8 reasons to check out The Telegraph Historical Archive, 1855-2000

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We are celebrating the release of The Telegraph Historical Archive, 1855-2000 this week with a list designed to help you decide if you should look into this brand new resource.

You may not want to miss this historical never-before-digitised collection if…

Read more8 reasons to check out The Telegraph Historical Archive, 1855-2000

The Women who Lived Through Verdun: 100 Years On

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It is widely regarded as the battle of the First World War; an enormous clash of attrition which epitomised the bloody stalemate of the war. The ten-month Battle of Verdun began 100 years ago, with German Chief of Staff General von Falkenhayn seeking to ‘bleed France white’ by launching an all-out attack on the narrow stretch of land at Verdun. Over a thousand German artillery guns fired upon the vastly inferior number of French troops – they had just 30,000 men, against 140,000 Germans – along a six-mile stretch of the French front. The battle which followed was to last for over 300 days. By looking at personal sources from Nineteenth Century Collections Online, the sheer scale of this part of the conflict is clear to see.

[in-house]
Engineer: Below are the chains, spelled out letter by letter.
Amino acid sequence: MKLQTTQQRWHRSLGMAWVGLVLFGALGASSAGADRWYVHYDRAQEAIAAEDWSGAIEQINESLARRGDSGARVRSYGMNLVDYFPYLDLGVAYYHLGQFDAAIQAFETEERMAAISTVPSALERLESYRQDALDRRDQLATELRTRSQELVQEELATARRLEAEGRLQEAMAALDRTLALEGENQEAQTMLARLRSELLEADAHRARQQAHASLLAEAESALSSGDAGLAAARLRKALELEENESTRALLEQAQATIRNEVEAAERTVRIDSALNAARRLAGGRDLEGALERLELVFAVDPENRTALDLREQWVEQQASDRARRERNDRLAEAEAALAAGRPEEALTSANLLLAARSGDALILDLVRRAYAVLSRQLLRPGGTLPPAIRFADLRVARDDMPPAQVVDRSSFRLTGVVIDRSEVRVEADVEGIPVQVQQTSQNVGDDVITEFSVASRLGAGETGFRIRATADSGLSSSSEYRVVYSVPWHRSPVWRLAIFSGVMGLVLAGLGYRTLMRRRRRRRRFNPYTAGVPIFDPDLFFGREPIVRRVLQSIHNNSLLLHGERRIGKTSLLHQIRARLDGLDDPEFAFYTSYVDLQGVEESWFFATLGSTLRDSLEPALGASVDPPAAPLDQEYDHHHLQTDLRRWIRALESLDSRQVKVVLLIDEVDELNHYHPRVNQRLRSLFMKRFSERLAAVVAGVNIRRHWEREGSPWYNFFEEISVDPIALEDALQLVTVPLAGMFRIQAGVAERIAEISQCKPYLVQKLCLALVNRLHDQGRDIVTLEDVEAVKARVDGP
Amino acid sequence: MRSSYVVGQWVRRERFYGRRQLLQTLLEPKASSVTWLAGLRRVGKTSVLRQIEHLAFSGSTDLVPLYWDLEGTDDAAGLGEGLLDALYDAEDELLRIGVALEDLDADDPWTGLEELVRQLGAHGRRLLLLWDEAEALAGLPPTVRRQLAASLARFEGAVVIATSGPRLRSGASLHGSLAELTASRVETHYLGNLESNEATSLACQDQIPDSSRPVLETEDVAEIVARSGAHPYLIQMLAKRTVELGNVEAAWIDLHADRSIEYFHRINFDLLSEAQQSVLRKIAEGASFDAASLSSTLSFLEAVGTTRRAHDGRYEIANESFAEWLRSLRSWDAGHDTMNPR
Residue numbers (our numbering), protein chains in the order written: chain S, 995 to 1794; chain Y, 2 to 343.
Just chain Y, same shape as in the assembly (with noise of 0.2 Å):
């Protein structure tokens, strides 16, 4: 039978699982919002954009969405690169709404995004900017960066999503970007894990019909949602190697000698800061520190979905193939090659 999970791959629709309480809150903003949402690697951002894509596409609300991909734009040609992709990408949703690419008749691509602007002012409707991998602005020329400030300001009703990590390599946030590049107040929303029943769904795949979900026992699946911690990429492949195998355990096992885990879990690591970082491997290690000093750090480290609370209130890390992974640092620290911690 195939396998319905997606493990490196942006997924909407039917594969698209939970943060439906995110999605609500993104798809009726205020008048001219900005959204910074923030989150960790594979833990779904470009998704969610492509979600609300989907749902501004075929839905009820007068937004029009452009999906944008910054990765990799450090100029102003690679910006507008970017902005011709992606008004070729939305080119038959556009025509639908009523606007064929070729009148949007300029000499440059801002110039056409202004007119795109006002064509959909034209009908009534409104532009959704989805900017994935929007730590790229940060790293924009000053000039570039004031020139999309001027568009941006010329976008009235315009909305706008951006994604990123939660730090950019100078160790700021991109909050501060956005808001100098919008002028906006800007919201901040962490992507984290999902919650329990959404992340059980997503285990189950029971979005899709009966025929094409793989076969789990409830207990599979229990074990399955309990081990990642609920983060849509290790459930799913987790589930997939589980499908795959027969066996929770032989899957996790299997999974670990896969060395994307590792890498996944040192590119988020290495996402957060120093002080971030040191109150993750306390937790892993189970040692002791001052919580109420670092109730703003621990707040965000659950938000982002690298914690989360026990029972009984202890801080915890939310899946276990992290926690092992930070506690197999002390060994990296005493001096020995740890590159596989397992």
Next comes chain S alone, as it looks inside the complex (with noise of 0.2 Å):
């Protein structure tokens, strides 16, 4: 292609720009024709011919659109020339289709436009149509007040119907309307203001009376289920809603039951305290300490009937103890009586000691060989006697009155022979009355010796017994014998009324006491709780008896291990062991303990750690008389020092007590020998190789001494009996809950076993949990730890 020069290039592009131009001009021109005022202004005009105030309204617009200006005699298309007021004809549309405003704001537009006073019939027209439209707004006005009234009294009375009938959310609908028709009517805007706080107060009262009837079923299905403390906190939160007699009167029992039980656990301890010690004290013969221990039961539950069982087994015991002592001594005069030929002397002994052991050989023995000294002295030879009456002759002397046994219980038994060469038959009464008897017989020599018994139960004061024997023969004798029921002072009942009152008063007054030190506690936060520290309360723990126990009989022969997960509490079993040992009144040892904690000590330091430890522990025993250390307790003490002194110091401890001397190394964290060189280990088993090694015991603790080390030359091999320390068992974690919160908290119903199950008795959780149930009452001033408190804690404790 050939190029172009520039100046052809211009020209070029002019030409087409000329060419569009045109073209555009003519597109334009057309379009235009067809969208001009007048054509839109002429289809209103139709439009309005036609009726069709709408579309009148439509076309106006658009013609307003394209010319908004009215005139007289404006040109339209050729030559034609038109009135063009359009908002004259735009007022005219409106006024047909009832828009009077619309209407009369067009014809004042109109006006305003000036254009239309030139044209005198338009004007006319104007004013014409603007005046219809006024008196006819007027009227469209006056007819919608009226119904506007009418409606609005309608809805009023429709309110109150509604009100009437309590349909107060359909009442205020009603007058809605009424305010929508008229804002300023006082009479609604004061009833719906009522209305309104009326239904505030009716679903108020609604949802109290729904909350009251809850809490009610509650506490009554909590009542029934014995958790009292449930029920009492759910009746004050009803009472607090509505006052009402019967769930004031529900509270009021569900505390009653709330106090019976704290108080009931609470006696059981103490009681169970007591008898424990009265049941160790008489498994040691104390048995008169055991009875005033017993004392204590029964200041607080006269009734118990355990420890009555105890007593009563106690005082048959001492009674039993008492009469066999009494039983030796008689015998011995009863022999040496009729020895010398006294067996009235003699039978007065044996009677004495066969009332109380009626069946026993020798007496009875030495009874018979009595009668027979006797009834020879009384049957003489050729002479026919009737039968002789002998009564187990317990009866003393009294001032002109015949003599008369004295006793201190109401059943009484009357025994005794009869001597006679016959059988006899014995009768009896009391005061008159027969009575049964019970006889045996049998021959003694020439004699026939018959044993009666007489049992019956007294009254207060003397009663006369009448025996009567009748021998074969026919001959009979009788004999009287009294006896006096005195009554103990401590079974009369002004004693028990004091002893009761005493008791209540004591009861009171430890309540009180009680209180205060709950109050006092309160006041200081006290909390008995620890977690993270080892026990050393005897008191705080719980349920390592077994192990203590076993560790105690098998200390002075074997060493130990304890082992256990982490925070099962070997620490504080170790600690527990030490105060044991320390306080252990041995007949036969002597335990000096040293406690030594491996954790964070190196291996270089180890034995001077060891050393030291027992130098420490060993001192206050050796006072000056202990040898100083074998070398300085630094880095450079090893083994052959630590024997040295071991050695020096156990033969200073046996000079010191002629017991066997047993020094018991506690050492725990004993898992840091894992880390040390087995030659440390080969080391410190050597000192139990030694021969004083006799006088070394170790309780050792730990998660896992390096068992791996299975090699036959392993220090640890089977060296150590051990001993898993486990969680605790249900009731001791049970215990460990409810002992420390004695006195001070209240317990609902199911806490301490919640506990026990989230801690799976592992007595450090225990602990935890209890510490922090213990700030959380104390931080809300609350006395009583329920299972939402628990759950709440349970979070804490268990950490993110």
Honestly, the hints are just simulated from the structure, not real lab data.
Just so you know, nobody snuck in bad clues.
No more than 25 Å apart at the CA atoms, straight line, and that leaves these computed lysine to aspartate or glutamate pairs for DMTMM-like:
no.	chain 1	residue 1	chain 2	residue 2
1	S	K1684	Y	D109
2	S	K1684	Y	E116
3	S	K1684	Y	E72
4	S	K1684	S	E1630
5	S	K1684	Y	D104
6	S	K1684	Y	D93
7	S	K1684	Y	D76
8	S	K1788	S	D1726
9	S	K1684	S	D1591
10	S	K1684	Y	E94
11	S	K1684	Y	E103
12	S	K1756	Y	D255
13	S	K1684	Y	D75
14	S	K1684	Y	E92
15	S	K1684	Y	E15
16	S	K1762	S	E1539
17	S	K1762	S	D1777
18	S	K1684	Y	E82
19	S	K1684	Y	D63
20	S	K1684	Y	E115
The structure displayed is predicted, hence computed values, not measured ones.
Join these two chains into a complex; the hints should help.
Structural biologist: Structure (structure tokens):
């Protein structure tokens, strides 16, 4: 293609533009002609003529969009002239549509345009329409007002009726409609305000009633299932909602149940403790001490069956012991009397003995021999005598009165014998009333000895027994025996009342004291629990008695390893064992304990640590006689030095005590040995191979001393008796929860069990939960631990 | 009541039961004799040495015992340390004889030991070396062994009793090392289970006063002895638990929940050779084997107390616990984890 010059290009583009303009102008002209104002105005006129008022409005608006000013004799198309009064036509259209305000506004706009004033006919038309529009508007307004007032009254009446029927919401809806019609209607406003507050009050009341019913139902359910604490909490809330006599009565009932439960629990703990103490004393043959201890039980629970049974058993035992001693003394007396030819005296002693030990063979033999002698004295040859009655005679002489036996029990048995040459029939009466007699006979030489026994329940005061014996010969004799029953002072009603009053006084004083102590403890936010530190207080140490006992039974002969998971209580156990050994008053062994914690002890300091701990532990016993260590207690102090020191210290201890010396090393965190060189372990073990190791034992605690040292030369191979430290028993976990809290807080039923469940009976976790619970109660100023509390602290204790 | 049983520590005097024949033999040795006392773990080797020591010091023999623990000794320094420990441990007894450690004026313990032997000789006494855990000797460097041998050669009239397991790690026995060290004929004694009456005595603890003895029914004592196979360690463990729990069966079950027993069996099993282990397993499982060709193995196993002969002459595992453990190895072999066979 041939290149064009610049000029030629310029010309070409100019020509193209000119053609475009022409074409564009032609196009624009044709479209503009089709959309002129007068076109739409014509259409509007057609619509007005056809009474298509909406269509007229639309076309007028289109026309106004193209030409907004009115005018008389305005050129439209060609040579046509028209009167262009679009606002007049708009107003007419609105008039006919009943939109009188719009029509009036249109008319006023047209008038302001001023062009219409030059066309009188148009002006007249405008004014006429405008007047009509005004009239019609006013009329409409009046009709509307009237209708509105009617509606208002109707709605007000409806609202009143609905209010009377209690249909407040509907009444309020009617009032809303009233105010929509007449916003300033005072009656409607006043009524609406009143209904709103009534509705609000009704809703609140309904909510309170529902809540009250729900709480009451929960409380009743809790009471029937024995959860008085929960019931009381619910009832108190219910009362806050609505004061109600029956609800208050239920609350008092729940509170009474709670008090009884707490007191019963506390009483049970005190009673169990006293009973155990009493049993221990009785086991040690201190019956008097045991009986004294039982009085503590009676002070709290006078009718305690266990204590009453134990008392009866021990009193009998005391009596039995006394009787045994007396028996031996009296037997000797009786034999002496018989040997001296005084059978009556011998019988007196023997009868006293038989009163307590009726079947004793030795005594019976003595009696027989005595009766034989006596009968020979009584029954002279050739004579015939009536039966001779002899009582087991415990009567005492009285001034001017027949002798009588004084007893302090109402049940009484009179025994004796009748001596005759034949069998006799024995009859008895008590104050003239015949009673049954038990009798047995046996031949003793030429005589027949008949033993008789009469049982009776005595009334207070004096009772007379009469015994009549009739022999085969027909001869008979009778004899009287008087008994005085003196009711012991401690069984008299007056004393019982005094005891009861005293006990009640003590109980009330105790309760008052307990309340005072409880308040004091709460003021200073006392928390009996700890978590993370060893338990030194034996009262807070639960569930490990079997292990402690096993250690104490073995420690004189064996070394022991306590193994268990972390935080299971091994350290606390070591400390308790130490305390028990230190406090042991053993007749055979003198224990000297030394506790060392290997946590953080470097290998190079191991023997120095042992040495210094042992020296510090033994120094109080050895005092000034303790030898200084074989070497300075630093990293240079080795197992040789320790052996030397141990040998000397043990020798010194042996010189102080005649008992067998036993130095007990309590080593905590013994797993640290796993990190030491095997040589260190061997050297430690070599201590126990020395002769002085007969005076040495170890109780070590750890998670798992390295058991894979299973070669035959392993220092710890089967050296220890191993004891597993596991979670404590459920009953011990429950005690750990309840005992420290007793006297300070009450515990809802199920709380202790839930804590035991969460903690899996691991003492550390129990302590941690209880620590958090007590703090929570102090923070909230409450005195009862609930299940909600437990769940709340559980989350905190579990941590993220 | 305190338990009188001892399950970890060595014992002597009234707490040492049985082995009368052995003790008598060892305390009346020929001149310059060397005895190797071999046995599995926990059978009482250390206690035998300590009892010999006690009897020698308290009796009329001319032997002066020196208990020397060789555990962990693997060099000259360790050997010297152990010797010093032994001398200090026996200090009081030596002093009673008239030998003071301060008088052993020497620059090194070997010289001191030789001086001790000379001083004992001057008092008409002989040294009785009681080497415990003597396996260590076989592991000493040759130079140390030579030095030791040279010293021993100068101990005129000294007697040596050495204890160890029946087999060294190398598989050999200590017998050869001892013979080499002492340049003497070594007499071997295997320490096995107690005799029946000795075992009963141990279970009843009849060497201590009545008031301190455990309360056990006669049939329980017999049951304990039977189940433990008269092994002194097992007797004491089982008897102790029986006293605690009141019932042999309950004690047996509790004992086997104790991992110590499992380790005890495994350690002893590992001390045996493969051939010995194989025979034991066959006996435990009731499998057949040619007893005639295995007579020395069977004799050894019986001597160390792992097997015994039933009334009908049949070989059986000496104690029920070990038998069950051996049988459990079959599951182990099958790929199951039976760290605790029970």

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Cracking the Enigma Code: The Daily Telegraph’s Crossword Challenge

The Daily Telegraph newspaper is known for its ‘high tone’ and has acquired a reputation for being ‘serious, popular and pioneering’ over the years. A sign of its status can be traced back to the Second World War, where its editor’s willingness to depart from convention ensured the newspaper’s critical involvement in the War’s outcome. For the newspaper did not simply stand back and report on events, although the work of first female war correspondent Clare Hollingworth should not be downplayed, but unwittingly engaged itself in the Allied cause.

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